The late Bob Timothy, a life long resident of Ladysmith, is recognized as the founder of the Transfer Beach Horseshoe Pitching facility. He spearheaded negotiations with the Town of Ladysmith in 1971 for the installation of the facility in the park. Due to his efforts and those of his compatriots, Ladysmith was able to host the Canadian Championships in 1977.
Bob himself was an accomplished Class A 40′ horseshoe player winning many championships at the Provincial, National and International levels. In 1974 he was named Nanaimo Sportsman of the Year by then Mayor, Frank Ney and in 1998 was inducted into the Horseshoe Hall of Fame.
This is his account of the history of Horseshoe Playing in Ladysmith.
I first started playing in the back yard on First Avenue and White Street. My brother Tom and I went to Comley’s barn, where we picked up old horseshoes and mule shoes. Comley was a blacksmith, his building up behind Lung Fungs. He had horses there and the old horse drawn ambulance was stored there.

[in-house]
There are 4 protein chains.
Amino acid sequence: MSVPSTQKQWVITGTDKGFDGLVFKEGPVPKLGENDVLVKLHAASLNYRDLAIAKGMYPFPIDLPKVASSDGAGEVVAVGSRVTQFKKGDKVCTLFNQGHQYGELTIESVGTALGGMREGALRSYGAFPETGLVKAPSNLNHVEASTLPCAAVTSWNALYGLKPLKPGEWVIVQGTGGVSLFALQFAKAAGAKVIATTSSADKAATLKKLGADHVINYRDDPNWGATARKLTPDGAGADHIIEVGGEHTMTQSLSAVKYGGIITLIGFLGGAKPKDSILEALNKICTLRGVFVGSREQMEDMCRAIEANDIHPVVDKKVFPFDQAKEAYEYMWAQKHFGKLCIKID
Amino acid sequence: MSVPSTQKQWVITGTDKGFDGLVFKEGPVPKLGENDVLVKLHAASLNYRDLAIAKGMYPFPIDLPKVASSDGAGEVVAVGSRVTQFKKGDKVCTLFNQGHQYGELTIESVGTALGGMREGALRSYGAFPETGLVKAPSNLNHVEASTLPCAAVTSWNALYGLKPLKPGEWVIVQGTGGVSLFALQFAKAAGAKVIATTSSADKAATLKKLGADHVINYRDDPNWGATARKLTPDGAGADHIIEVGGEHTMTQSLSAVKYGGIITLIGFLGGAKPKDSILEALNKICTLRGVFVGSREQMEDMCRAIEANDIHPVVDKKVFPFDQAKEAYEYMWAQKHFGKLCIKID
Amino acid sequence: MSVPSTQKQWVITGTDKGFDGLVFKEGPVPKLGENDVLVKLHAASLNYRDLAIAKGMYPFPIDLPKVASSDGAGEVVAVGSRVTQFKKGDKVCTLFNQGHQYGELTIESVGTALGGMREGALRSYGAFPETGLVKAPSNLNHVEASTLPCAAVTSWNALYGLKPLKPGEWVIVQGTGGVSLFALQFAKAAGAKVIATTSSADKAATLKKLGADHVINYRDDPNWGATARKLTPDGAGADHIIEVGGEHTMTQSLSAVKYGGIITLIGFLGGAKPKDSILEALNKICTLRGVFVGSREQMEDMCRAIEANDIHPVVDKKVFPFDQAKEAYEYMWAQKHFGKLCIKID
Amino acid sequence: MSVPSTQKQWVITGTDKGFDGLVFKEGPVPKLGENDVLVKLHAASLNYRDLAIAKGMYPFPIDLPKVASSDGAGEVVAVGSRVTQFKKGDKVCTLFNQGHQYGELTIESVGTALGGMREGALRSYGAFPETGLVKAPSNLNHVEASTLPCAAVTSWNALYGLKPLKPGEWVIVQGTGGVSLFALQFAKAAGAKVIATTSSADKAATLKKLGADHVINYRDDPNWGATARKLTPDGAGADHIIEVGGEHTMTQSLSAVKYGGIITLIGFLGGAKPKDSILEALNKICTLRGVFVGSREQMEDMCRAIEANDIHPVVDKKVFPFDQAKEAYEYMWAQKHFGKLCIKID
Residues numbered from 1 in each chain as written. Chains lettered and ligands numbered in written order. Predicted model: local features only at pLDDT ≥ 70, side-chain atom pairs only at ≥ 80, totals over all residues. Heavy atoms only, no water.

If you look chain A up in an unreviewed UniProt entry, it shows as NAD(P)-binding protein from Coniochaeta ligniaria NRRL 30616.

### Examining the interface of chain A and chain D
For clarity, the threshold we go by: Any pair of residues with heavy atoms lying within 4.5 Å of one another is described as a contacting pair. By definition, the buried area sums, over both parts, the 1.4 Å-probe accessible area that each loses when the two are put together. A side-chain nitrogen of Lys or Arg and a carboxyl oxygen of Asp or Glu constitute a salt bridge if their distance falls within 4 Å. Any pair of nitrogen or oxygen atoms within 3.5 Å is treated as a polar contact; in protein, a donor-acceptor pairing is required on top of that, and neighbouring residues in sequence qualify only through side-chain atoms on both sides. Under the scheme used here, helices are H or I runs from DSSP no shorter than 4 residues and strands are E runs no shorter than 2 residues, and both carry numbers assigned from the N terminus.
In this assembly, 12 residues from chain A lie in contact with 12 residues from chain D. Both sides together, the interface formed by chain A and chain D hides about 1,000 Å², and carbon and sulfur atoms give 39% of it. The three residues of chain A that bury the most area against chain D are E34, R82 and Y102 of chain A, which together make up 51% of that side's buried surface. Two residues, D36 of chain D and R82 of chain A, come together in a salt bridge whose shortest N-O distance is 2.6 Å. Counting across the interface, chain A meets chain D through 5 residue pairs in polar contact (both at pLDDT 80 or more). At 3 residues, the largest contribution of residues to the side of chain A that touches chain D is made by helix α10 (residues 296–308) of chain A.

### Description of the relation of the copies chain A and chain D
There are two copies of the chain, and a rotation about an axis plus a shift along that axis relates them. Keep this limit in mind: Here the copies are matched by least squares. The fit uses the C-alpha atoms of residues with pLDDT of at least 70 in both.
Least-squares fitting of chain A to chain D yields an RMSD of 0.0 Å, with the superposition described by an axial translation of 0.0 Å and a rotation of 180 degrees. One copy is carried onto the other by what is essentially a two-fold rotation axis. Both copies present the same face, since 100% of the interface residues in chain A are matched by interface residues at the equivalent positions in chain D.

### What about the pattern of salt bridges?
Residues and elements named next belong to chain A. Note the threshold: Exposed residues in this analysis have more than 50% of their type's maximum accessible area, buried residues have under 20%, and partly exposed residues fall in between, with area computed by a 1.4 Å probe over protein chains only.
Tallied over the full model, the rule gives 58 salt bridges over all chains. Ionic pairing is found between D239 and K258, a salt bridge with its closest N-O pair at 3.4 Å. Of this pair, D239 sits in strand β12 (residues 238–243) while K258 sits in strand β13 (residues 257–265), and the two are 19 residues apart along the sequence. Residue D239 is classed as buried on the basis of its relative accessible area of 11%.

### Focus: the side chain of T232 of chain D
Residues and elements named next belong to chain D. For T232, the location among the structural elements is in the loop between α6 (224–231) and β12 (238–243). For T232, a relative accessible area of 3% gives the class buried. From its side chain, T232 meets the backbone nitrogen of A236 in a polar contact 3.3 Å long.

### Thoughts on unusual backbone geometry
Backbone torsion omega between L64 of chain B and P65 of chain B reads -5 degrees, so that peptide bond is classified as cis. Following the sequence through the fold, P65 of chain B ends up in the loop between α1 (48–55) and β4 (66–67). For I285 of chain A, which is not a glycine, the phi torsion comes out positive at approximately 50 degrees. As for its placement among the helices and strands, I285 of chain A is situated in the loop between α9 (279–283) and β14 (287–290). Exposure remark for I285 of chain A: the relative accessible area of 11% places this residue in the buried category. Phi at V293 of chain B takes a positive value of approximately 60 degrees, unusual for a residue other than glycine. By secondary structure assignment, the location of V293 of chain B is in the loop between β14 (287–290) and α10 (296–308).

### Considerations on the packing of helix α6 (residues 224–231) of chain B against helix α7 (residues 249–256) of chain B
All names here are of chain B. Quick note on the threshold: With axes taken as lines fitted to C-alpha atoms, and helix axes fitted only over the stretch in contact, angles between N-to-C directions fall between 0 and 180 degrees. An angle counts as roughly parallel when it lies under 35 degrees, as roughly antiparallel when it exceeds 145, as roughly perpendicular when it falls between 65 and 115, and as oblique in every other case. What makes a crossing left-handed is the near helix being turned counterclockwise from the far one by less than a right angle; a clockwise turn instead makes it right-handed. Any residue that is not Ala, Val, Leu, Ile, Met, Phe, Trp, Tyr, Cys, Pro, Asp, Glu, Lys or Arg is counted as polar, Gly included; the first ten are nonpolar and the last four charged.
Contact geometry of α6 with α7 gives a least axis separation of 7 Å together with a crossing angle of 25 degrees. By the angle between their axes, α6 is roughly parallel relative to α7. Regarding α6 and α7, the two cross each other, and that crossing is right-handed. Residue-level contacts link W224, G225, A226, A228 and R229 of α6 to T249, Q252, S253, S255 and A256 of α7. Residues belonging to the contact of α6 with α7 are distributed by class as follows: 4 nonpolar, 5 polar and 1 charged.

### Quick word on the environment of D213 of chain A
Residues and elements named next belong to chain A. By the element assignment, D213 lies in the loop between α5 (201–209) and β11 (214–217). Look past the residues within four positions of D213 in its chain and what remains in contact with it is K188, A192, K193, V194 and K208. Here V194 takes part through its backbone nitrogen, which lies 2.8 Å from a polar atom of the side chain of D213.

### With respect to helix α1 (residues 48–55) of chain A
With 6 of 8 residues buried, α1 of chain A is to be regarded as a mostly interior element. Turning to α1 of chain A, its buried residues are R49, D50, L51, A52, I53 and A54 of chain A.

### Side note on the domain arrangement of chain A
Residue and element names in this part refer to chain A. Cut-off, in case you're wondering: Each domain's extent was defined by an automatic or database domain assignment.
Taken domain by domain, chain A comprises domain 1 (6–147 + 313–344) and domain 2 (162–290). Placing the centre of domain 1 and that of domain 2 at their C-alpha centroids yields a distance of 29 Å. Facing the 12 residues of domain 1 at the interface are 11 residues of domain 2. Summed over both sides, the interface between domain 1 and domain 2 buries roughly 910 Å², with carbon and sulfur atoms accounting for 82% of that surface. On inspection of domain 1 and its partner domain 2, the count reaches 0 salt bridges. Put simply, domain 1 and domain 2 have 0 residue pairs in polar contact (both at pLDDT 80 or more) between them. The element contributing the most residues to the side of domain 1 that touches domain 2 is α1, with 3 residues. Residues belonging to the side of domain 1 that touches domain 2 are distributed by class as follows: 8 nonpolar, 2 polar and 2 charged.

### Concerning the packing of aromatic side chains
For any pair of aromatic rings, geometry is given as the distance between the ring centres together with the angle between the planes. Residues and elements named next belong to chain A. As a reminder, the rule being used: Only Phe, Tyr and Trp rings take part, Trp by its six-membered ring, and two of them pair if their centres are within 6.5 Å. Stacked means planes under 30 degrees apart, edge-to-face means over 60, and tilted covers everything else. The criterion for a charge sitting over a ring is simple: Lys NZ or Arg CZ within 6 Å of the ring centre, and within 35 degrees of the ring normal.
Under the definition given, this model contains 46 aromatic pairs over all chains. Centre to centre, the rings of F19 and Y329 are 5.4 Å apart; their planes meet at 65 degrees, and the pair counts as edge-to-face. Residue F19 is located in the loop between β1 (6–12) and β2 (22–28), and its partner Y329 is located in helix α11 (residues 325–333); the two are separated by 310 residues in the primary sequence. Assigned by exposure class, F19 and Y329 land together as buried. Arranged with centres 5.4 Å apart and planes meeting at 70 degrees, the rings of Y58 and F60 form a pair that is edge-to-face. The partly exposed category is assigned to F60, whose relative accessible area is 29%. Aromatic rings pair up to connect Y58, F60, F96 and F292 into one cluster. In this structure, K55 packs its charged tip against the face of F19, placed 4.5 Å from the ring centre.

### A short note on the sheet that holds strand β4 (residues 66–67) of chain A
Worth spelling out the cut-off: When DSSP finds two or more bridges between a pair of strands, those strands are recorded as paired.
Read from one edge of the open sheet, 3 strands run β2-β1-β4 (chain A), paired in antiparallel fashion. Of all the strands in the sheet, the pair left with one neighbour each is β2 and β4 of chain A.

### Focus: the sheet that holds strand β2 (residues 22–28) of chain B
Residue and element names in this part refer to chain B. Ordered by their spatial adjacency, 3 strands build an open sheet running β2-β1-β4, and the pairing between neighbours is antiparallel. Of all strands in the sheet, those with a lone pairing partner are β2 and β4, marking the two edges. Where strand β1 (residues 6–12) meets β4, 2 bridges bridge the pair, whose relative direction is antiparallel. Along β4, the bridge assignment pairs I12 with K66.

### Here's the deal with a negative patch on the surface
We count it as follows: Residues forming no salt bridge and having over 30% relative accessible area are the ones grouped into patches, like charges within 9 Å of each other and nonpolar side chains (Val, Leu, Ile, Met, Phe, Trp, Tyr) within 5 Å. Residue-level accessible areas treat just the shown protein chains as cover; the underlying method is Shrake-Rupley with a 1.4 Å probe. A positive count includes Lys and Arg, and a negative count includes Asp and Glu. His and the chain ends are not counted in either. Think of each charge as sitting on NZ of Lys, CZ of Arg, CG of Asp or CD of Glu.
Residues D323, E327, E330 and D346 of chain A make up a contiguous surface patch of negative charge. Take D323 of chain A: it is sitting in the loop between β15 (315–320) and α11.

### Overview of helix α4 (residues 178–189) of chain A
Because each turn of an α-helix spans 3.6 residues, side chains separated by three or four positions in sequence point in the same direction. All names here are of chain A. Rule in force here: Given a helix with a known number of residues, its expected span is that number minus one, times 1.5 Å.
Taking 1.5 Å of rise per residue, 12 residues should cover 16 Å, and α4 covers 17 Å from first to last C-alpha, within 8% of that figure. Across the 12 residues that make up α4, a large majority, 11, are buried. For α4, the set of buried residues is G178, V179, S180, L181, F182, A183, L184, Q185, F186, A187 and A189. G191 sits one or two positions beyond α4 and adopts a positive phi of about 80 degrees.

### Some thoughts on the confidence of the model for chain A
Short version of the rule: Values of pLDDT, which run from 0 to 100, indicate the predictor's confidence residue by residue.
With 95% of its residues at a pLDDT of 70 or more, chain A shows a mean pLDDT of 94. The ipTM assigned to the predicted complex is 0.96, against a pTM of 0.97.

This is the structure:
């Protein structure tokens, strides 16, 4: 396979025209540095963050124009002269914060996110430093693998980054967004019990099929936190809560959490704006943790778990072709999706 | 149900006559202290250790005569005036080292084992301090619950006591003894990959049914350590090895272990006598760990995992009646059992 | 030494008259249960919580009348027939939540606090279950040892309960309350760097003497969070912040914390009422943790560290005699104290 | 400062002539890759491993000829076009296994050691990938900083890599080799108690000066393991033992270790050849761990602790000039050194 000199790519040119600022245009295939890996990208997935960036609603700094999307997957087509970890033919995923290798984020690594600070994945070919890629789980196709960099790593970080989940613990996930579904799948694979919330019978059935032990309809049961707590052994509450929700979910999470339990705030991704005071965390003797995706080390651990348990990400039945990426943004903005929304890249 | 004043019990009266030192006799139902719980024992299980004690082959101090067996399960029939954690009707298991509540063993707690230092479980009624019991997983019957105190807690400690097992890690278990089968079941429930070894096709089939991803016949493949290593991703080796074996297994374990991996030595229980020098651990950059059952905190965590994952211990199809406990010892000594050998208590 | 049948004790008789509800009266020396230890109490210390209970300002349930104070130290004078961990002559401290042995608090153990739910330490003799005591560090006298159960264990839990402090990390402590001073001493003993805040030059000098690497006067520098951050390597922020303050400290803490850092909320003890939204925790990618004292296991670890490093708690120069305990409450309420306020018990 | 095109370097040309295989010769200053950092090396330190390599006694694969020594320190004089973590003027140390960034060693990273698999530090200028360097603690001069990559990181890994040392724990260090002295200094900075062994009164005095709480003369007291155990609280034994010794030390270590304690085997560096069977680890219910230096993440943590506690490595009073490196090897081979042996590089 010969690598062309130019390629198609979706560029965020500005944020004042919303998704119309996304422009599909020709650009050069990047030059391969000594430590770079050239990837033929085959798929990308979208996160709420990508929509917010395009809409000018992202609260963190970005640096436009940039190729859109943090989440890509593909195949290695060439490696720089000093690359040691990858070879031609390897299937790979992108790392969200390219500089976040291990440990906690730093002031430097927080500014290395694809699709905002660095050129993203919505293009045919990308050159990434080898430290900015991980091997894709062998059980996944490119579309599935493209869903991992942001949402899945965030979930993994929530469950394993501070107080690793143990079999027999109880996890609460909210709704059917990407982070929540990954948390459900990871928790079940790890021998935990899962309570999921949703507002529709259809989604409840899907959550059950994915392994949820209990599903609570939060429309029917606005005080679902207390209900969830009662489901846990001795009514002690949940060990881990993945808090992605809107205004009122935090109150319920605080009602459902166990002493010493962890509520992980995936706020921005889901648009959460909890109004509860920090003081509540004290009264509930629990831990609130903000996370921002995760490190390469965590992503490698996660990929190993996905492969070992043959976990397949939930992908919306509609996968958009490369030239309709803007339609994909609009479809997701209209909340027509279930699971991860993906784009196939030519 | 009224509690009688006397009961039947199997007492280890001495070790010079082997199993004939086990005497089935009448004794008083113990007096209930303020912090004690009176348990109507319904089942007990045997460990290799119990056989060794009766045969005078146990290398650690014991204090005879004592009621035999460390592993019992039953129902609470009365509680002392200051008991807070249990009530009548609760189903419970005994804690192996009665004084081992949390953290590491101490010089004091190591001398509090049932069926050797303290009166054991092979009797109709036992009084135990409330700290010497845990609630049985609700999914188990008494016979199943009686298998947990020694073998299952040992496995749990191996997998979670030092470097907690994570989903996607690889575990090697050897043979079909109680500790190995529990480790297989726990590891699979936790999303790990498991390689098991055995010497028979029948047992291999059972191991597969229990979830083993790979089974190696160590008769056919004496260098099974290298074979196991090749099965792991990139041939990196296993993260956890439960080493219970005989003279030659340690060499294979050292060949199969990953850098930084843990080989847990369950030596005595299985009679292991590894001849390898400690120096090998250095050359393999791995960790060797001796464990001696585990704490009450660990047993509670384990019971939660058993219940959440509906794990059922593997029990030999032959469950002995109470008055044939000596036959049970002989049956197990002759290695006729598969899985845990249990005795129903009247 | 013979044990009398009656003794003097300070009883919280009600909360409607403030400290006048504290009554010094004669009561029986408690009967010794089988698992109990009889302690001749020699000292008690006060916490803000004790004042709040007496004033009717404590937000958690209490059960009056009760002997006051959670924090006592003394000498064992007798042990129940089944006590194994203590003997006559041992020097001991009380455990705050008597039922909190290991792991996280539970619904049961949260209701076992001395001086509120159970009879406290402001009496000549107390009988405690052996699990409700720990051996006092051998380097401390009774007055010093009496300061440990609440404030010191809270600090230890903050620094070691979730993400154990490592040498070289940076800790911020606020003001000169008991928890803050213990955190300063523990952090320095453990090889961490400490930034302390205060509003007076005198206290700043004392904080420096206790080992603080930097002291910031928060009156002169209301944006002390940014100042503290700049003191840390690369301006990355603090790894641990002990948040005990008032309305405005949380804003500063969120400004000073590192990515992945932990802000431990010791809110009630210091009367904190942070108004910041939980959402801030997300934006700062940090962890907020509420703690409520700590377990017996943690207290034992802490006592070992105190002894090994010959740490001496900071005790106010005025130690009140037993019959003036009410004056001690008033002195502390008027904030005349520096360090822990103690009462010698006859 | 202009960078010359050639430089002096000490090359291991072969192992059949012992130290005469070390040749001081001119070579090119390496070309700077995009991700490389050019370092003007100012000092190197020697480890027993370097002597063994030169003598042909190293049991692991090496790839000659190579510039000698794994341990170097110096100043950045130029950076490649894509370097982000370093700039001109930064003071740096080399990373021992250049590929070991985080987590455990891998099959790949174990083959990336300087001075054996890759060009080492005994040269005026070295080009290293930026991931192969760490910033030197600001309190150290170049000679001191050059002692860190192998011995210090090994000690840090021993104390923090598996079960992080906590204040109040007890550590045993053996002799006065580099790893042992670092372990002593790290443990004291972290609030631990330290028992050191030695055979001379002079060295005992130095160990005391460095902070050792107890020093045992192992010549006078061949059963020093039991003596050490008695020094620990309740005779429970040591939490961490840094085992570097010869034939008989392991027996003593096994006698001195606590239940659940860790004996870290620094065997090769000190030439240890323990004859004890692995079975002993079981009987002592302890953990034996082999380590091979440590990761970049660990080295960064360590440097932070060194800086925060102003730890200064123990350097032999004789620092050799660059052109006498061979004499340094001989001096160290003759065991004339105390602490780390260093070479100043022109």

These horseshoes were not regulation shoes. Some of these shoes had no opening so you had to put them on the peg from the top. I was told these were mule shoes they used in the mine. The reason they had no opening was so their feet wouldn’t slide around. The pegs we used were just old galvanized water pipe.
At that time, we played 21 points. You threw two shoes each and the way you counted if you had two ringers and your opponent had nothing you would score 6 points. If you had one ringer and your opponent had one, it would be cancelled. With the other shoe, if it was within 6 inches of the peg, the closest to the peg would get 1 point.